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American Life in Poetry: Column 221

BY TED KOOSER, U.S. POET LAUREATE

Sometimes, it's merely the sound of a child's voice in a nearby room that makes a parent feel immensely lucky. To celebrate Father's Day, here's a joyful poem of fatherhood by Todd Boss, who lives in St. Paul, Minnesota.

This Morning in a Morning Voice

to beat the froggiest
of morning voices,
my son gets out of bed
and takes a lumpish song
along—a little lyric
learned in kindergarten,
something about a
boat. He's found it in
the bog of his throat
before his feet have hit
the ground, follows
its wonky melody down
the hall and into the loo
as if it were the most
natural thing for a little
boy to do, and lets it
loose awhile in there
to a tinkling sound while
I lie still in bed, alive
like I've never been, in
love again with life,
afraid they'll find me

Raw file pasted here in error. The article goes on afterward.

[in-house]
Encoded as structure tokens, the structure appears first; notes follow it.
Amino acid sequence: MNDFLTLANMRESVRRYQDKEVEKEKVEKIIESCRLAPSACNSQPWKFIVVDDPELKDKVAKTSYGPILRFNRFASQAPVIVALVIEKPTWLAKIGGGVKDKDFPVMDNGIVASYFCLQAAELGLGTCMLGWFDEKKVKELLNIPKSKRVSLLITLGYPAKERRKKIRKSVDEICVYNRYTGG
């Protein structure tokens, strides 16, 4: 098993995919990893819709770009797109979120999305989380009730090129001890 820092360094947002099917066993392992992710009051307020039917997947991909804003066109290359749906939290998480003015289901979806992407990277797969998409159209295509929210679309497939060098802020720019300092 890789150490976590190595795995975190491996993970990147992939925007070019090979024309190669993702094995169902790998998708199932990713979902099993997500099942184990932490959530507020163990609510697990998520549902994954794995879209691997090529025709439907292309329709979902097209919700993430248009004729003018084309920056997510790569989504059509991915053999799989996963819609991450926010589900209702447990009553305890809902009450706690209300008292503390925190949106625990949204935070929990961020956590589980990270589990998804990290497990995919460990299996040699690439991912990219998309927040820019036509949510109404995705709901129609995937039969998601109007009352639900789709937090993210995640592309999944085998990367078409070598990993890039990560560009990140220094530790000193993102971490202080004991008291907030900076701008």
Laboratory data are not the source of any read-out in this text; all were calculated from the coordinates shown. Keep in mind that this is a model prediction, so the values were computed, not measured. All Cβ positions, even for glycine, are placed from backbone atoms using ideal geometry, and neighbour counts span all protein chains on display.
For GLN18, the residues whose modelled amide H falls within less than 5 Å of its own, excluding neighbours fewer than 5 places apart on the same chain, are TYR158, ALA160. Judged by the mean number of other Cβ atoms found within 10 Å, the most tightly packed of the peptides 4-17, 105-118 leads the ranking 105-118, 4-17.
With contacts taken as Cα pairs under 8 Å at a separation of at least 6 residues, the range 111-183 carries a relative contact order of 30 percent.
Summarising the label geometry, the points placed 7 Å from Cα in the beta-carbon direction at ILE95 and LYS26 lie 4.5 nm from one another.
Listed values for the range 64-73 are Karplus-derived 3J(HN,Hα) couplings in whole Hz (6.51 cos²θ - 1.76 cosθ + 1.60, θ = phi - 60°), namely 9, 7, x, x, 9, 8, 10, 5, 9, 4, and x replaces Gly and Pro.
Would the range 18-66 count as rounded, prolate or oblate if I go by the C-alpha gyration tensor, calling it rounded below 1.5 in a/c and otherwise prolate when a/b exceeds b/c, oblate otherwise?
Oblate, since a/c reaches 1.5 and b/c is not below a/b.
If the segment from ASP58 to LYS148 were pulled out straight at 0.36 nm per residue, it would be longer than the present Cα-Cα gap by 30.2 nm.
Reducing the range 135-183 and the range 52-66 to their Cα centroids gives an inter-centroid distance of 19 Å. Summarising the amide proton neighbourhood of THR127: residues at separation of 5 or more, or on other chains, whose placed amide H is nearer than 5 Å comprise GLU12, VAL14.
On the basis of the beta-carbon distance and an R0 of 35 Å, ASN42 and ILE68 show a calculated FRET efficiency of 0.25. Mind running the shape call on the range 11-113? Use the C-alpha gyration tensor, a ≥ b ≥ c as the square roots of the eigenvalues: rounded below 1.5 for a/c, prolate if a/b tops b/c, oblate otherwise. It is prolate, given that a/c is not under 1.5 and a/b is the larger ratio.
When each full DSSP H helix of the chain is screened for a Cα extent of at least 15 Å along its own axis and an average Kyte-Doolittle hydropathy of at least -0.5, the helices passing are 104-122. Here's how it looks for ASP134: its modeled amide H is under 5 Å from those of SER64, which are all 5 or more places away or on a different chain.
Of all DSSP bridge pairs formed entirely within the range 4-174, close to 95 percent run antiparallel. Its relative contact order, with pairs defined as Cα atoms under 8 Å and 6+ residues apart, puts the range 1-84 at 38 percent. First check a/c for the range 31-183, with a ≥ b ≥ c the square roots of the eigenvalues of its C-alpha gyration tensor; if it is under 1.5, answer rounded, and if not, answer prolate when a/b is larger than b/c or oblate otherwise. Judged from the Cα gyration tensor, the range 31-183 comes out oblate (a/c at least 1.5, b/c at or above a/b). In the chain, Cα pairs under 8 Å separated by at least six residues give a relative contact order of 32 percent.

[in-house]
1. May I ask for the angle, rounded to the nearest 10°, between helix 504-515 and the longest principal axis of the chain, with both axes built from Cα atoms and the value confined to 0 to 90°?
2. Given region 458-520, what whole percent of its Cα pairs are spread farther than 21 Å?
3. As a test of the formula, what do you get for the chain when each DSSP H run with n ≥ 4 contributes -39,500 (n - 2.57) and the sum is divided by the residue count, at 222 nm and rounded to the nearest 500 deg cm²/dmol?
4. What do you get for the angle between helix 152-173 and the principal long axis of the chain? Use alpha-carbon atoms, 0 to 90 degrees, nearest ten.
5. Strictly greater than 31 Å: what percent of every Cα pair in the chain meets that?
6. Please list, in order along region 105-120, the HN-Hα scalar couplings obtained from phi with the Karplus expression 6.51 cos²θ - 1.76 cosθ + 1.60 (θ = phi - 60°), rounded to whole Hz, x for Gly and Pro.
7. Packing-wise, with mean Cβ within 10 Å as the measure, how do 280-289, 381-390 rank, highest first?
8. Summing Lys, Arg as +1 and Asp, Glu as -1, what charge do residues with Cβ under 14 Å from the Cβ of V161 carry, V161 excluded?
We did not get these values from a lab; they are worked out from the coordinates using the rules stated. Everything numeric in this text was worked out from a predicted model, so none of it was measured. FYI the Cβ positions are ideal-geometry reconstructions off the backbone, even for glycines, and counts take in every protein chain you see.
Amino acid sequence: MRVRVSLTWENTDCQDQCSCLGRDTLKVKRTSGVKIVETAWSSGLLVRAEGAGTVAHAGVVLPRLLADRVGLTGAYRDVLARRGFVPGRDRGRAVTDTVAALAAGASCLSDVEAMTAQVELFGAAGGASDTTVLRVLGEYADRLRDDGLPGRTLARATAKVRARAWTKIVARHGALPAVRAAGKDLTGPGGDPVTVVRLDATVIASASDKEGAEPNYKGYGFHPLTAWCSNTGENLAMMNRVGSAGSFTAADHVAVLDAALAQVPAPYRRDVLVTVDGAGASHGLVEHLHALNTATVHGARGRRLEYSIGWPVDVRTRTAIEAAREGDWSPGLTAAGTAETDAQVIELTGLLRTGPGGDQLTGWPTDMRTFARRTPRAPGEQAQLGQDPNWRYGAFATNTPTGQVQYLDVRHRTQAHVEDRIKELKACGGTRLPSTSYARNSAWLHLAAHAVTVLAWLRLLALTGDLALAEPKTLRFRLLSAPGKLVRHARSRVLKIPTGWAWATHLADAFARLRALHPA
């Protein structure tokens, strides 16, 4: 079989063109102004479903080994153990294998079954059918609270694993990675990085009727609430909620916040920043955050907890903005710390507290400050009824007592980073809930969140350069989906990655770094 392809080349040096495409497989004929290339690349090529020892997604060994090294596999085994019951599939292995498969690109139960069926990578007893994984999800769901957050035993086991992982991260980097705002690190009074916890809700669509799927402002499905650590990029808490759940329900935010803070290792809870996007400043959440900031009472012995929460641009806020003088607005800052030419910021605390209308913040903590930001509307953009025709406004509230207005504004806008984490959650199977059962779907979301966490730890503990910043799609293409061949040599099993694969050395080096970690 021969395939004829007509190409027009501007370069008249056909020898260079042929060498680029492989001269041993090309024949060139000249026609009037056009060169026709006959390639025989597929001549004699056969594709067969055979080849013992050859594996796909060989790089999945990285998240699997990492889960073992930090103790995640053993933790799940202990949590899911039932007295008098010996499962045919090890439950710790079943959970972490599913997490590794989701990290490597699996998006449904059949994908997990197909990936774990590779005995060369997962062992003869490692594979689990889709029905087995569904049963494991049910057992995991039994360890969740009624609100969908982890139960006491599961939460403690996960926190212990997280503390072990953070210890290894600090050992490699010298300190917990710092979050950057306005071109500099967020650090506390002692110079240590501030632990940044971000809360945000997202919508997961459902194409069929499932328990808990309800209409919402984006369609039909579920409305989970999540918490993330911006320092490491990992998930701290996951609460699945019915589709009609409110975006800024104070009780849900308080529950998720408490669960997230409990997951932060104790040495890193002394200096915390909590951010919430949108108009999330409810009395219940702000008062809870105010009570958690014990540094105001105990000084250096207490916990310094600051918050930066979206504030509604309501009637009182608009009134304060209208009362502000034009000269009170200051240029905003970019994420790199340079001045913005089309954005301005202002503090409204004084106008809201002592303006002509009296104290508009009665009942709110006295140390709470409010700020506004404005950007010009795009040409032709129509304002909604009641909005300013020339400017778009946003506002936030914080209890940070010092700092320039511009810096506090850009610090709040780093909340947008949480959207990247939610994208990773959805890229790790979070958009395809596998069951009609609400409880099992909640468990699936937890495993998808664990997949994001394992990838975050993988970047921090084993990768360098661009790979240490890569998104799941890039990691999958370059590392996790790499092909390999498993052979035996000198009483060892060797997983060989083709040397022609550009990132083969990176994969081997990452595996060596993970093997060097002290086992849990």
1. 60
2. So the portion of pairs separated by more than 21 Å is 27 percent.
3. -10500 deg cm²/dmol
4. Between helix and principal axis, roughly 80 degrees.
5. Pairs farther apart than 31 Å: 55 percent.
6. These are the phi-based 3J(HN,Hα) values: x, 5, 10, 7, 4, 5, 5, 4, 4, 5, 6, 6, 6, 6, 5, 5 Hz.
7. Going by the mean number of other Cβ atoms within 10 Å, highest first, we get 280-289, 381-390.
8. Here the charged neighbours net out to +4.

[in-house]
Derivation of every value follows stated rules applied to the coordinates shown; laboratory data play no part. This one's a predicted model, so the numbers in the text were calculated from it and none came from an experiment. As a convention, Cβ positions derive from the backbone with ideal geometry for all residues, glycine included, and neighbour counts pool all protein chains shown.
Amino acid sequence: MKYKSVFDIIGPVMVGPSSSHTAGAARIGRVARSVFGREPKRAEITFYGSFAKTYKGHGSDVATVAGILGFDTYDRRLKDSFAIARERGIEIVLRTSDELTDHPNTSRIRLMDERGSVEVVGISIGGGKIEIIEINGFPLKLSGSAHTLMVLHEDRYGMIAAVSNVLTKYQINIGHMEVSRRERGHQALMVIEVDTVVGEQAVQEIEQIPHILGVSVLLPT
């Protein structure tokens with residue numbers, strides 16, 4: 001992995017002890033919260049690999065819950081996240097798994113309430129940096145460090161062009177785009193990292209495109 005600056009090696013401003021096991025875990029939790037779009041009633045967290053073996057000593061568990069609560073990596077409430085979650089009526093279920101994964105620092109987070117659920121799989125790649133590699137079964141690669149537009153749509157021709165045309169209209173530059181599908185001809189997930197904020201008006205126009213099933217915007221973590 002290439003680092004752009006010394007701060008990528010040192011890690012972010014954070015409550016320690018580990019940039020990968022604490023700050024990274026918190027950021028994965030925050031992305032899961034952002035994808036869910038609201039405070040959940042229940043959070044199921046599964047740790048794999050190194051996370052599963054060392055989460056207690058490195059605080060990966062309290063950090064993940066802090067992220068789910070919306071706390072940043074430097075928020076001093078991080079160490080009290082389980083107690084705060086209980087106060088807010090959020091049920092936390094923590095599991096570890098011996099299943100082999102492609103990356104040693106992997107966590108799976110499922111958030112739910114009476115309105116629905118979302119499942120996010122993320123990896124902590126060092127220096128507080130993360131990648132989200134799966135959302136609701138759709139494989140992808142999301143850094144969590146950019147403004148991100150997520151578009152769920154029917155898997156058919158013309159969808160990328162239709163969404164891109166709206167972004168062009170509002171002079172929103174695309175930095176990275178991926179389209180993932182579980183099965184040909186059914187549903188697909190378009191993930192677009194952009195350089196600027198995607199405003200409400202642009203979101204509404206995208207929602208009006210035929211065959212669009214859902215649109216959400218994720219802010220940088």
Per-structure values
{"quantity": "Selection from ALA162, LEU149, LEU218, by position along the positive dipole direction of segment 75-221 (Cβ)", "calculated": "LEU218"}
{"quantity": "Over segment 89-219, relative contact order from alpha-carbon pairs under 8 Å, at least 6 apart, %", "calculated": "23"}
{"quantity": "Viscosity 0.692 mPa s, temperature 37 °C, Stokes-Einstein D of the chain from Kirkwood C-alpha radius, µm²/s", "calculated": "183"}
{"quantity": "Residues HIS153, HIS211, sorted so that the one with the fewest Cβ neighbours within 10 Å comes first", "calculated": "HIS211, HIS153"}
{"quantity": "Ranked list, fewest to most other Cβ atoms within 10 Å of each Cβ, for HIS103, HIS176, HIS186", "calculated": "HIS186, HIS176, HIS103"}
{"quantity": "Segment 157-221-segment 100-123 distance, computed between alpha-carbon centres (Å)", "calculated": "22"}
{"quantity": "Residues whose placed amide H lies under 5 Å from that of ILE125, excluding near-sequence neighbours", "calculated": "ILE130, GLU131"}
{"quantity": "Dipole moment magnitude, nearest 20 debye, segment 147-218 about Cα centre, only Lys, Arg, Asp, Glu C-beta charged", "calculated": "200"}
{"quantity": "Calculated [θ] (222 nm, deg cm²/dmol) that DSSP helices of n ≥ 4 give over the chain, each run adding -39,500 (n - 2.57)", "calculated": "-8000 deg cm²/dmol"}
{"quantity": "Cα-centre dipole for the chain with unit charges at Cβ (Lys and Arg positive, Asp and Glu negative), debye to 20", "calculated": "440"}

drowned here, drowned
in more than my fair
share of joy.


American Life in Poetry is made possible by The Poetry Foundation (www.poetryfoundation.org), publisher of Poetry magazine. It is also supported by the Department of English at the University of Nebraska-Lincoln. Poem copyright © 2008 by Todd Boss, whose most recent book of poems is "Yellowrocket," W. W. Norton & Co., 2008. Poem reprinted from "Poetry," December 2008, by permission of Todd Boss and the publisher. Introduction copyright © 2009 by The Poetry Foundation. The introduction's author, Ted Kooser, served as United States Poet Laureate Consultant in Poetry to the Library of Congress from 2004-2006. We do not accept unsolicited manuscripts.